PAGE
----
Would you like to meet Arab Superheroes? To travel all the way from Beirut to Cairo to Guantanamo Bay through impactful and artful comics? Would you like to learn the skills to make your very own revolutionary comic? Or perhaps express your artistic vision through the medium of comics? This course offers an adventure into Arab popular visual culture. We will explore questions as: What makes a comic? How do Arab artists utilize comics to complicate social and political issues in their lives? How does the art of comics intersect with contemporary internet activism and social movements? What does it mean to live in the Arab world today? The readings of the course will include Arab comics and graphic novels by artists from the gulf to the Atlantic Ocean. The topics aim to discover how contemporary Arab artists respond to social and political issues including war, feminism, gender issues, authoritarian governments, imprisonment, displacement and immigration. In addition to Arab comics, we will overview readings in contemporary comics studies. By the end of the course students will have learned how to read, interpret, and create different comic-art forms.

Great Bromances of Arabic Literature
  • ARAB 1000.11
  • Professor J. Tobkin
  • GPAC: Critical Thinking in the Humanities

History is the process of reporting events about the past so that they form an interesting and meaningful story, and the telling of stories for entertainment is well attested in the Arabic language. Some of these stories are based on real people and events, and some are entirely fictional; some were told before a public or private audience many times before being recorded in writing.Arabic texts often use the word “brotherhood” to refer to a social and emotional bond between two or more men unrelated by blood, and brotherhood is a major theme in pre-modern Arabic literature. Combine that with “romance,” in its meaning of a semi-historical tale about the extraordinary deeds of a legendary hero, and you get “bromance.” One of the bromances we will study in this class is truly the stuff of legend; the Abbasid Caliph Hārūn al-Rashīd, the vizier Jaʿfar al-Barmakī, and the poet Abū Nuwās spent only a few years together at work and play, but their era, the late 700s and early 800s, is widely considered a Golden Age of Arab-Islamic civilization, and writers throughout the centuries have celebrated and vilified this trio. The other is the story of two men who have dedicated their artistic careers to preserving underrepresented aspects of the Egyptian cultural heritage, namely the poetry, tales, and music of Upper Egypt and Lower Nubia; the members of this bromance are the poet Abdel Rahman El-Abnudi (1938-2015) and the singer Mohamed Mounir (1954-). In this class, we will encounter Arabic historiographical writings, tales from the 1001 Nights, Arabic poetry and prose literature from various eras, as well as documentary films and music. Students will also explore other historical figures and trends tangential to the ones which are the focus of our class.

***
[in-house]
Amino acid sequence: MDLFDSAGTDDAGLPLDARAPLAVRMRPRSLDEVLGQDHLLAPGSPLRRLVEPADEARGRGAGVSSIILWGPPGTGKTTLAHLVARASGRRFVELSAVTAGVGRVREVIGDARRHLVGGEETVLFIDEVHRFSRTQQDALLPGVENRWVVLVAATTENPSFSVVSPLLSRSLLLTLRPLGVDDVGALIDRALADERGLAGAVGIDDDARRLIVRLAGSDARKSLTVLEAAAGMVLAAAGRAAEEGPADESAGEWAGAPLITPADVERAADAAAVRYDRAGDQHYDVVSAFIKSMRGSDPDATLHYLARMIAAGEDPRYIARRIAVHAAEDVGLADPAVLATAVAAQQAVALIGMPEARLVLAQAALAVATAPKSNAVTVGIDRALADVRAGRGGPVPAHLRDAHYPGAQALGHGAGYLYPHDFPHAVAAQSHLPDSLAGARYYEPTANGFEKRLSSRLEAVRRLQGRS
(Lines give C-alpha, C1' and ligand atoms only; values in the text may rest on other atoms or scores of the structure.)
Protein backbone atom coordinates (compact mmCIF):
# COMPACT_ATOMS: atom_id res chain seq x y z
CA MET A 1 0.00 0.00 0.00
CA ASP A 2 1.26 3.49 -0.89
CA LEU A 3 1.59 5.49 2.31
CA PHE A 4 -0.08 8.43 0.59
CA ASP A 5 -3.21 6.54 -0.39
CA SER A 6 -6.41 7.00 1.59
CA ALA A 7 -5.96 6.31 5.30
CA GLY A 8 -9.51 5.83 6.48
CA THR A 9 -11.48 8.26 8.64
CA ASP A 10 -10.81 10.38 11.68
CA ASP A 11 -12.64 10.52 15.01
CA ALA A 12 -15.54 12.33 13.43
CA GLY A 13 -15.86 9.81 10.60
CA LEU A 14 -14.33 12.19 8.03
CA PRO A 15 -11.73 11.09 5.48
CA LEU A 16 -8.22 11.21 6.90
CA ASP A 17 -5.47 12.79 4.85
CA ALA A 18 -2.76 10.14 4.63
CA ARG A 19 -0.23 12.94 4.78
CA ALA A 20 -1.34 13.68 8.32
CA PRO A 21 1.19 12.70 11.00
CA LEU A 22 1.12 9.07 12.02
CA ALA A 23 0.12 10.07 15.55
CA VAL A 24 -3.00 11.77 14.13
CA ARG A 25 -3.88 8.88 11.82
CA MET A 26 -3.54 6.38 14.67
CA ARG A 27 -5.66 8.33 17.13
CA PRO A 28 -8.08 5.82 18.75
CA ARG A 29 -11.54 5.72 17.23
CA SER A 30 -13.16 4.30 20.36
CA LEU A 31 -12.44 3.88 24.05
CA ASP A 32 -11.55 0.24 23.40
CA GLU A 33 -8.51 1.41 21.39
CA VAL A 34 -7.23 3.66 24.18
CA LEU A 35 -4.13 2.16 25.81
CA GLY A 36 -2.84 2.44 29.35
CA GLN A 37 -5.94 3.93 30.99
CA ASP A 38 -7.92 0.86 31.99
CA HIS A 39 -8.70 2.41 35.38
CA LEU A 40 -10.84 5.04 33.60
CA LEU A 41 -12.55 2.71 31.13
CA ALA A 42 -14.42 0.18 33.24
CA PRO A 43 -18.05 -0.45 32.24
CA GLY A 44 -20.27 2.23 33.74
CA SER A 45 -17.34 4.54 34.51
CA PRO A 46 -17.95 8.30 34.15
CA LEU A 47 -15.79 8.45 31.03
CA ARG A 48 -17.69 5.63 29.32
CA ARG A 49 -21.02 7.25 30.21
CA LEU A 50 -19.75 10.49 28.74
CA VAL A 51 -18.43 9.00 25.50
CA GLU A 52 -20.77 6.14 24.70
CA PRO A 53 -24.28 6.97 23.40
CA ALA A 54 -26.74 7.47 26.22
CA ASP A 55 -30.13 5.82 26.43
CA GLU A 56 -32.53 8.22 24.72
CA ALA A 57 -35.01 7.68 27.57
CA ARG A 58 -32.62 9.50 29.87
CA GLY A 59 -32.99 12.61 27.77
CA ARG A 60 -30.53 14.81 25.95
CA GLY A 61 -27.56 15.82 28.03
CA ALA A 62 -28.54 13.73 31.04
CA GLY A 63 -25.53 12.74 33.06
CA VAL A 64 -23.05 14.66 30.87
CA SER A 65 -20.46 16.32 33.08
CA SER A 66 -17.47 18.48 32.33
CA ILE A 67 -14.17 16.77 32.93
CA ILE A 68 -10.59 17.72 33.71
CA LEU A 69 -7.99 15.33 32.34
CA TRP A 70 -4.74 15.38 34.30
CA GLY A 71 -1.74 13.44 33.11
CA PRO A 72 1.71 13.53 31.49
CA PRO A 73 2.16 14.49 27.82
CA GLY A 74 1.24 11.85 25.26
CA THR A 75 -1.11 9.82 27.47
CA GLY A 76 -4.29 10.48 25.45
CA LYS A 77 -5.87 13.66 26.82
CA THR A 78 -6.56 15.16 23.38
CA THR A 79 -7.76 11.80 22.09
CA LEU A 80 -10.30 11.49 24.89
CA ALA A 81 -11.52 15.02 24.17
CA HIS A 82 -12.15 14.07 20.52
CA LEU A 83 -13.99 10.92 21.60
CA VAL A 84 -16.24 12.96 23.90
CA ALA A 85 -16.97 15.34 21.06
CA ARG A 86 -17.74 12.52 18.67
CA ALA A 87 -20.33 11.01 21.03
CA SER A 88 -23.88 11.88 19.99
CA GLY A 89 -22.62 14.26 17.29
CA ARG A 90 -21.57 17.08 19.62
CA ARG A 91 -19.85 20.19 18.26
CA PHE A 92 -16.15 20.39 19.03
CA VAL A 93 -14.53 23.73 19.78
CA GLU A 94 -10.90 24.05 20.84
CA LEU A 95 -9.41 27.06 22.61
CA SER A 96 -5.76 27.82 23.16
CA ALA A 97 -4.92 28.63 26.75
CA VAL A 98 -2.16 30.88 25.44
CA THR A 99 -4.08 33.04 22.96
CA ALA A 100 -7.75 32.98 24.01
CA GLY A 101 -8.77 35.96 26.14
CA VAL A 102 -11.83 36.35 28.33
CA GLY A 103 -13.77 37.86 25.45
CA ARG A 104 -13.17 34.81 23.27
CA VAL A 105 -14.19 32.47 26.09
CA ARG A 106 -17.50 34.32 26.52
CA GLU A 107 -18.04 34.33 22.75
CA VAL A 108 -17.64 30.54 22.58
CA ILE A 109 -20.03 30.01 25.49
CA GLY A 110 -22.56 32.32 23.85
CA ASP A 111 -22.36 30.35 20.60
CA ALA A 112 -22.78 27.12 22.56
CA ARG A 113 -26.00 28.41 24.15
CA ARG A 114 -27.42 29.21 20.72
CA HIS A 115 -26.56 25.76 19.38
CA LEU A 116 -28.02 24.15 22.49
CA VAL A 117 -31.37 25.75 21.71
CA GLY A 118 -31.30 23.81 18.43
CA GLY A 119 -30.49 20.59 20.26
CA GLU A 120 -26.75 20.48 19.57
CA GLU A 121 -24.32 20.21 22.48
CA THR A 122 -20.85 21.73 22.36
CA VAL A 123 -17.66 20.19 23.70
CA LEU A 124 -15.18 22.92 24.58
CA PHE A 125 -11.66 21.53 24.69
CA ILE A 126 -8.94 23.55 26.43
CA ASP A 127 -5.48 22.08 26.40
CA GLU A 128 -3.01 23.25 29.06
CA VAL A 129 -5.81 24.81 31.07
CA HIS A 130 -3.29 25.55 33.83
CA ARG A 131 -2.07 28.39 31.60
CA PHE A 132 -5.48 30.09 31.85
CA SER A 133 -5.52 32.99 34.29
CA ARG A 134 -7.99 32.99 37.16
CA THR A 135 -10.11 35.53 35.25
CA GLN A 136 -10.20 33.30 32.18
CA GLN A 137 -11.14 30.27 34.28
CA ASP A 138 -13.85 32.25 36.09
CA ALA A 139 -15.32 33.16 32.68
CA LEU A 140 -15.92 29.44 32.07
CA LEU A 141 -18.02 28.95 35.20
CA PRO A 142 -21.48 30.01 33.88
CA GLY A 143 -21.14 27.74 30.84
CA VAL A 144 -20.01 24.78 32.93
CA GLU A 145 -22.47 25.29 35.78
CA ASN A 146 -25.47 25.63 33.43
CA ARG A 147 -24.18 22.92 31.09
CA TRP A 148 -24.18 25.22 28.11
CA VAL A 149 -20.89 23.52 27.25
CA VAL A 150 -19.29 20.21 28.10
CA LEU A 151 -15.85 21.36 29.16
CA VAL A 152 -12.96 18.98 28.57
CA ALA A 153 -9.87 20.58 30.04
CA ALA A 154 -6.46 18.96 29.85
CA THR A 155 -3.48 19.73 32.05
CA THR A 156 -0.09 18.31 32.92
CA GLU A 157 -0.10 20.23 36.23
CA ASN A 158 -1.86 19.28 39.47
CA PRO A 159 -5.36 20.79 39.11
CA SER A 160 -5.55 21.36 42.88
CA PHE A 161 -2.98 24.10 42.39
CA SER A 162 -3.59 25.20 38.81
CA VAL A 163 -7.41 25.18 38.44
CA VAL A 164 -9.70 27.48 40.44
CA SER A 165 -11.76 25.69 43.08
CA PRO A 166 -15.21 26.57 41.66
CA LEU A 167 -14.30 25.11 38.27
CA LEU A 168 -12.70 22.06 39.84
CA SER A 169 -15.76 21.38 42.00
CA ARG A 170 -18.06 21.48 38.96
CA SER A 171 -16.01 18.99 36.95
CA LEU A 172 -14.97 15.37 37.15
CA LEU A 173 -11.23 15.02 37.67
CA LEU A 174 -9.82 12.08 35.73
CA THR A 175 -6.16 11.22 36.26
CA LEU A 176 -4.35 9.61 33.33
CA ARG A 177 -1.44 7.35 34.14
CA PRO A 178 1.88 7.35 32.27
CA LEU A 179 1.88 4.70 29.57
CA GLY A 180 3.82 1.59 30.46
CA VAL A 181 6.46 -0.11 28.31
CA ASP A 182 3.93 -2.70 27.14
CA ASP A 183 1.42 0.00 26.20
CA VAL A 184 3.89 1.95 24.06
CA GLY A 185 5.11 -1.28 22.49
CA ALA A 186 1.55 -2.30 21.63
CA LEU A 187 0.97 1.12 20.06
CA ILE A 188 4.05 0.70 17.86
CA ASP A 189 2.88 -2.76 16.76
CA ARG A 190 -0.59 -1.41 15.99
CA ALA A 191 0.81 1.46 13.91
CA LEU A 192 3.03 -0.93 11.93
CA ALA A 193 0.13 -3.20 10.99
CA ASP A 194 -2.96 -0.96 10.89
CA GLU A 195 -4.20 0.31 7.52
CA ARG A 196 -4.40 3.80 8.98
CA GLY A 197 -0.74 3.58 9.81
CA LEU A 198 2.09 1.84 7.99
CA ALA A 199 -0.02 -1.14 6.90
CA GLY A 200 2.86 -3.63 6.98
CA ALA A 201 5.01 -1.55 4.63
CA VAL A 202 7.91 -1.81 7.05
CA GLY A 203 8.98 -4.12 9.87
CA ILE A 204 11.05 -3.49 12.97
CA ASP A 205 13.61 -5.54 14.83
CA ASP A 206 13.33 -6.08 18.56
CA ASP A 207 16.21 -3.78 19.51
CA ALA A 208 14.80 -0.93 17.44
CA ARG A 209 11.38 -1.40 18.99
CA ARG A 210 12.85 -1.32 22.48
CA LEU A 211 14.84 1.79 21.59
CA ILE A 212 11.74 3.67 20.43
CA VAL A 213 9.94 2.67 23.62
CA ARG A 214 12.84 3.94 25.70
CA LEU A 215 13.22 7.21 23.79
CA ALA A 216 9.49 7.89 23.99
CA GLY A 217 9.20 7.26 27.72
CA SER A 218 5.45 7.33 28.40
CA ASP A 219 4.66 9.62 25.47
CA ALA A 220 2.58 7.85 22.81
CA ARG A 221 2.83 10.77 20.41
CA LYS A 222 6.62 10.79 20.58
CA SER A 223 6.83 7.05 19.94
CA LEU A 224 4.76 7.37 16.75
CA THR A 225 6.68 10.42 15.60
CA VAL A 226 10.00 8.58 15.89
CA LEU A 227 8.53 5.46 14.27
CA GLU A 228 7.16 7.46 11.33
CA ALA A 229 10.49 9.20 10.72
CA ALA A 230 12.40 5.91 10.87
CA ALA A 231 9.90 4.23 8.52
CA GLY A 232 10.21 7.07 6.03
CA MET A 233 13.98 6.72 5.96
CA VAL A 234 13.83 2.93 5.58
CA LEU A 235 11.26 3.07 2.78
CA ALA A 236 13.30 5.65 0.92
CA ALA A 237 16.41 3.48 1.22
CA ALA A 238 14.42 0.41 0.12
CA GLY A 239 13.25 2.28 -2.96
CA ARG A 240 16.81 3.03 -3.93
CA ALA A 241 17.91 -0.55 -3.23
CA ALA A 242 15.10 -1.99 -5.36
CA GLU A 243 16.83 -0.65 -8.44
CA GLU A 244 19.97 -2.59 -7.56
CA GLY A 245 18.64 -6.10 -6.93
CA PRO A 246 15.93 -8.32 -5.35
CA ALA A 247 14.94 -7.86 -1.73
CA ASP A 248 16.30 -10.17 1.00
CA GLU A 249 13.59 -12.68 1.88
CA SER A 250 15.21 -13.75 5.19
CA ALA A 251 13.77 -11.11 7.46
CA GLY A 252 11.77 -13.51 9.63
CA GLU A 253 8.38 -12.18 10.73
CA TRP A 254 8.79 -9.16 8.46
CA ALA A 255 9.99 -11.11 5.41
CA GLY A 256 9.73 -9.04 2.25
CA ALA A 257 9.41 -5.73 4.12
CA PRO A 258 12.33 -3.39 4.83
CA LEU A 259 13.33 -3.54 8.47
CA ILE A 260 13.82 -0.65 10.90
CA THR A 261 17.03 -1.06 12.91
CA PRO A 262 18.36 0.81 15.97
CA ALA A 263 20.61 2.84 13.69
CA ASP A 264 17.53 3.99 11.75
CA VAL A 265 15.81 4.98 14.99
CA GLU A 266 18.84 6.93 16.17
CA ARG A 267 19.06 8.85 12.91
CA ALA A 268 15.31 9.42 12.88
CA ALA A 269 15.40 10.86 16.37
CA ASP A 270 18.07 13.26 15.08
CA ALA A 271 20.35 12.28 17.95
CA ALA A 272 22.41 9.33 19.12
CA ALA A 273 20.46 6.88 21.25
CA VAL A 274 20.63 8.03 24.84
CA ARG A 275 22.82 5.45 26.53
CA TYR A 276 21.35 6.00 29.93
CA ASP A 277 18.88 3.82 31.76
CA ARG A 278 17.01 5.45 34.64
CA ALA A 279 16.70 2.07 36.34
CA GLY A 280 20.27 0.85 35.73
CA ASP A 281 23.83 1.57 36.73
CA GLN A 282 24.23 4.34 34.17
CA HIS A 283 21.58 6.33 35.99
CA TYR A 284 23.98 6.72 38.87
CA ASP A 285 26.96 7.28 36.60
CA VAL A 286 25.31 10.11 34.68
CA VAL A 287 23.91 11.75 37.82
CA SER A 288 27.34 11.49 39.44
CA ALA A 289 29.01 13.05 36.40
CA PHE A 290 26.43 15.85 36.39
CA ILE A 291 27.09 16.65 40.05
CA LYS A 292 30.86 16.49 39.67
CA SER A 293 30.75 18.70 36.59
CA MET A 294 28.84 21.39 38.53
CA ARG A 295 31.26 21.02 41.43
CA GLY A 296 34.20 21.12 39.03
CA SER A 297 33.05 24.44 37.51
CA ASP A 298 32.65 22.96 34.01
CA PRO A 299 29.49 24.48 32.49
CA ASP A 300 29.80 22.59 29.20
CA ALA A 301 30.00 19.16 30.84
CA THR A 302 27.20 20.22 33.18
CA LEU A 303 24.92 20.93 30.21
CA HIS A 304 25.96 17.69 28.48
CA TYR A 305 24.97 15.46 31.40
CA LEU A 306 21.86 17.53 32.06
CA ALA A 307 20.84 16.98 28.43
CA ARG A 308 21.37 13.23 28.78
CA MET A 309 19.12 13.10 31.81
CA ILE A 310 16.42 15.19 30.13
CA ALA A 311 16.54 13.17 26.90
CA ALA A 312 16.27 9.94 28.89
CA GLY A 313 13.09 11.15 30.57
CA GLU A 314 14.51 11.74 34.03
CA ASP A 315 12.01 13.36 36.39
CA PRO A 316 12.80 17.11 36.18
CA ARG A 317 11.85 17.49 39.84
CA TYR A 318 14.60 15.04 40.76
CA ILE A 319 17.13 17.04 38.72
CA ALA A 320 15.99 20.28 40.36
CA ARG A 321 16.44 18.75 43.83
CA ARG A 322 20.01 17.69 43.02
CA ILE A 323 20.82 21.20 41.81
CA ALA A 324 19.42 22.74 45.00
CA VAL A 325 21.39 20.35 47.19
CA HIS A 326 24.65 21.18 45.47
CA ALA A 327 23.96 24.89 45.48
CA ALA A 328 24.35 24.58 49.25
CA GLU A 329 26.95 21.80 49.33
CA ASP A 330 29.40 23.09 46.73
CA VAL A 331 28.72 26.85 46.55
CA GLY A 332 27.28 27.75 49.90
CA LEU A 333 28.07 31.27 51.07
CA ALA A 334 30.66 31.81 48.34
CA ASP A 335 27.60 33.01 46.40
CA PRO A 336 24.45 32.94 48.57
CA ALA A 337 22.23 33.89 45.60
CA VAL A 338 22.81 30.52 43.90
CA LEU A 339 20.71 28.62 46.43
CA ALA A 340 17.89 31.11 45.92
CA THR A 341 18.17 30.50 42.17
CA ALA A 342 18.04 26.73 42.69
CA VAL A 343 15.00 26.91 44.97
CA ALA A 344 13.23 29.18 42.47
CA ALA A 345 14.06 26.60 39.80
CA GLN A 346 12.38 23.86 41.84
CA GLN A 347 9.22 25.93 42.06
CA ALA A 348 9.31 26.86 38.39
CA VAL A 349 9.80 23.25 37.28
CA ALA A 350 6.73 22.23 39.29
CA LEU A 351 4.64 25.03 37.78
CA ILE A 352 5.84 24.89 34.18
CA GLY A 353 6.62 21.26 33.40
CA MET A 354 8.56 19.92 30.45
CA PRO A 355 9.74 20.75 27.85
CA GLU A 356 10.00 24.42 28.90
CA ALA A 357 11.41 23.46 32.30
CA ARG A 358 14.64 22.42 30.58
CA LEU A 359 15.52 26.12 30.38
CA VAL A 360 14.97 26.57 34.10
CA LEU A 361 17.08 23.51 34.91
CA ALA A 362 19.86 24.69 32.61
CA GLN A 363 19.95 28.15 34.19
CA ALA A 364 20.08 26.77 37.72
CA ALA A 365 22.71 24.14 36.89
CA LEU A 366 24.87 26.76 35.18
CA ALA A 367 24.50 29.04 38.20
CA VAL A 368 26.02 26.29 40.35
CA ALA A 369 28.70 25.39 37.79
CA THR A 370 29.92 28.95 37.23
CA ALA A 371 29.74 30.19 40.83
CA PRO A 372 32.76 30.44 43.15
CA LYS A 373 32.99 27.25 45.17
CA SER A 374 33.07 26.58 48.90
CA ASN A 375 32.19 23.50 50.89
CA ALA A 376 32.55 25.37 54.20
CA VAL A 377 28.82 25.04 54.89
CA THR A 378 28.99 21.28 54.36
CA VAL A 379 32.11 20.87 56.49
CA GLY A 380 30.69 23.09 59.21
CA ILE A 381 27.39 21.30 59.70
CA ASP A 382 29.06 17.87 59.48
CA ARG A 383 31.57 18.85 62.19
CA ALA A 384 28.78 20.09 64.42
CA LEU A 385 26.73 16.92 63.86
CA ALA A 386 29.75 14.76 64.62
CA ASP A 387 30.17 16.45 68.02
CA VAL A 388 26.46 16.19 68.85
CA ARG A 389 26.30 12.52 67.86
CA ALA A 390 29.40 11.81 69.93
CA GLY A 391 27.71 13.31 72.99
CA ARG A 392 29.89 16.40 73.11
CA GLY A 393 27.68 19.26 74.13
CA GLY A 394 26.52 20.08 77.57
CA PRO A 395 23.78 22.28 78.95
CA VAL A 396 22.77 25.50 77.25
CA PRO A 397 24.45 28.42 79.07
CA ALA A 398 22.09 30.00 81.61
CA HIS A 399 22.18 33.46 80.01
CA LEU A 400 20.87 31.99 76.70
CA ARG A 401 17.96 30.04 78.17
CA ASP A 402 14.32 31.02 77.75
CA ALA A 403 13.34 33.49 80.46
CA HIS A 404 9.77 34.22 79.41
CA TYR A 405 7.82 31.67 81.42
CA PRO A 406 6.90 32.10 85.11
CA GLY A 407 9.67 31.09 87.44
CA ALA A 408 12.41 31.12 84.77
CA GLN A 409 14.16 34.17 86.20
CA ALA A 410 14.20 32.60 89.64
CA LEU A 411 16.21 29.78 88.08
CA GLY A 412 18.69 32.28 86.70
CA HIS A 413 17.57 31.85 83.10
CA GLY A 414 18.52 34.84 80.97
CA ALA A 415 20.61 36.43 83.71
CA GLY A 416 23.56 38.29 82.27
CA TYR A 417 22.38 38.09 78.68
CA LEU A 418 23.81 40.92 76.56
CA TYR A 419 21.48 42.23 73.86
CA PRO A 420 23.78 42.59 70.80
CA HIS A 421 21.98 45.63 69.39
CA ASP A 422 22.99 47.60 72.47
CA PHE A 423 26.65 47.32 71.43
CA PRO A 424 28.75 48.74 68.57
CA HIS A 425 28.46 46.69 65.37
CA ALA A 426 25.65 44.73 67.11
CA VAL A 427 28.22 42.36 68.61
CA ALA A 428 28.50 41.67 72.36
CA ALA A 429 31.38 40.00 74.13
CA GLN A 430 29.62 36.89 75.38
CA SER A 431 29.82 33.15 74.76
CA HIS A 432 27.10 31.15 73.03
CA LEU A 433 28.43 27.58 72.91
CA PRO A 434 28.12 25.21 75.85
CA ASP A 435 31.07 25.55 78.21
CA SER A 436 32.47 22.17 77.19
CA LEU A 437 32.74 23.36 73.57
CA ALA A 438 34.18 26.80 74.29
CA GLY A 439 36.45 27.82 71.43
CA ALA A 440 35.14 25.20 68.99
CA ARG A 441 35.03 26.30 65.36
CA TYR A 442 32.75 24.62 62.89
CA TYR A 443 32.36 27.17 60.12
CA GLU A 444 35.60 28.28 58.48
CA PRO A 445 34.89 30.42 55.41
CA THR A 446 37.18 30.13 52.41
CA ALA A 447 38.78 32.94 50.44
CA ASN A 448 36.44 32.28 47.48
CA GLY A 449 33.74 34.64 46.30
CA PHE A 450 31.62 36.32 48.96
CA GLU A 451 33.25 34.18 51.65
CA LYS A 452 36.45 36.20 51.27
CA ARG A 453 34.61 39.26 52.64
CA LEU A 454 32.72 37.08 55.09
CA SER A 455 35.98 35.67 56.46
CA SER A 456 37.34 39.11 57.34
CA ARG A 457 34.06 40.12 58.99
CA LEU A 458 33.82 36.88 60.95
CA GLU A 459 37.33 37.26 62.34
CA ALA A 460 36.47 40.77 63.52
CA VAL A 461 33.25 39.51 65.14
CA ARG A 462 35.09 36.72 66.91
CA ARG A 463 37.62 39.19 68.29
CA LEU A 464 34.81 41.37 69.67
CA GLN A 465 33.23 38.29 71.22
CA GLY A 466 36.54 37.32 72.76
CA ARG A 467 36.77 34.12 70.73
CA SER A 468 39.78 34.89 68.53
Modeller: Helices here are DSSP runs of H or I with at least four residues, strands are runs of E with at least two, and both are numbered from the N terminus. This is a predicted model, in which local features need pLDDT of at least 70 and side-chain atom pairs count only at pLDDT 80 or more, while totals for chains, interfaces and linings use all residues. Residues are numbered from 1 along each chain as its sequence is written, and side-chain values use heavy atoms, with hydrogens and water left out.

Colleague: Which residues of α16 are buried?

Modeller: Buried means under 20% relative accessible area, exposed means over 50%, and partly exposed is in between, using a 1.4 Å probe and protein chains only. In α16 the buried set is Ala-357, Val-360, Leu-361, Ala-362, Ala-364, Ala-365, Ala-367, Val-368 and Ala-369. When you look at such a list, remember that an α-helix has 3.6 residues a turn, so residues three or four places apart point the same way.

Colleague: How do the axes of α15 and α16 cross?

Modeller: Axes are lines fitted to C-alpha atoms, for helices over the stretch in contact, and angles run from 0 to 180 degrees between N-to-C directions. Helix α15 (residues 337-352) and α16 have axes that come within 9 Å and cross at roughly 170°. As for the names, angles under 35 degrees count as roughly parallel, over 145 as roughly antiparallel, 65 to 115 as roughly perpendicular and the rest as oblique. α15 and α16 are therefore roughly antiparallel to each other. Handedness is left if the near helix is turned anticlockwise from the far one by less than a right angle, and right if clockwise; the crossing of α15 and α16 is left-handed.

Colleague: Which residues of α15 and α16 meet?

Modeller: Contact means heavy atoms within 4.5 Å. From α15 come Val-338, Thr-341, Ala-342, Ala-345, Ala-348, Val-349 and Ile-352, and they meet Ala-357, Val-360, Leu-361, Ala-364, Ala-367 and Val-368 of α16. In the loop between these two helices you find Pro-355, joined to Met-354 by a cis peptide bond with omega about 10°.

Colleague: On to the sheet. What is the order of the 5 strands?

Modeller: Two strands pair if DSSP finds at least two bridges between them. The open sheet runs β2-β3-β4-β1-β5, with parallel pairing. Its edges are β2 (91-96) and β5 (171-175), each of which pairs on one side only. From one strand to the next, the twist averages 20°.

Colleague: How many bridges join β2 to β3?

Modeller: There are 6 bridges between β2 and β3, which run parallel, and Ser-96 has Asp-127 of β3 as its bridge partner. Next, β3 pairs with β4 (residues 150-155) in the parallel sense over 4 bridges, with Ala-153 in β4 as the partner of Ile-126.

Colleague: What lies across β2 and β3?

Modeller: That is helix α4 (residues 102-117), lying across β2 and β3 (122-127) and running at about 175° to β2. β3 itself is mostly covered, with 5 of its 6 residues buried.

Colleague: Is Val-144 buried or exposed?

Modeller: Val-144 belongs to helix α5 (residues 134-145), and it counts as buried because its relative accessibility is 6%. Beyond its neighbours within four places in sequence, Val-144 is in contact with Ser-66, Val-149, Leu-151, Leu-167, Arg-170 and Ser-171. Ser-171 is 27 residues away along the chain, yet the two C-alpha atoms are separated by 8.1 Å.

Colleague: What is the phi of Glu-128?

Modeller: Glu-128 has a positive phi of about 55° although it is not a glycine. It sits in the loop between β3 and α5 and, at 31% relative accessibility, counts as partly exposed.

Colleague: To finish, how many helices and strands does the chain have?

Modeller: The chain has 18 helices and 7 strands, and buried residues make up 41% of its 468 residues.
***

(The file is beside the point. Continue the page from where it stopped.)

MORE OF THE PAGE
Art of Exhibitions
  • CAH 1000.10
  • Professor B. Obler
  • GPAC: Critical or Creative Thinking in the Arts

What responsibility do curators in Washington, D.C. have to represent art from various cultures and time periods to the U.S. public and visitors from other countries? What particular challenges do this city’s museum educators, guards, development staff, conservators, etc. face? What place does contemporary art have in a city dense with political debate and heavily laden with historical memory? Museums across the country (and world) are facing a historical reckoning and in many cases scrambling to address their elitism and complicity with colonialism. In this seminar, we will take arts institutions in DC as our case study. Through site visits and practical assignments, students will learn about existing strategies and imagine possible futures.

Art & Politics
  • CAH 1000.10
  • Professor L. Matheny
  • GPAC: Critical or Creative Thinking in the Arts

At the heart of this class is the deceptively simple question, “Is all art political?” From this central query, we will explore others: Can art spark political change? Does it have a moral obligation to do so? Should art provide a respite from politics? Is there a line between art and activism? Between art and propaganda? Between art and reportage? Among the lenses through which we will study this subject are portraiture, photography, language and conceptual art, public art, craft, abstraction, government sponsorship, and museums. Using these organizing categories, we will discover how artists from the early 20th century to the present have responded to a range of issues, including war, immigration, identity politics, climate change, gender and sexuality, racism, health policy, and economic justice. Examples of topics covered include cultural policy in Nazi Germany, the use of abstract art as a strategic tool of the Cold War, artistic responses to the Vietnam War, the creation of the AIDS memorial quilt, artistic attempts to humanize the migration crisis, and visual artists’ painful and poignant grappling with the reality of police brutality. The course will include field trips and special effort will be made to incorporate discussion of art seen in Washington.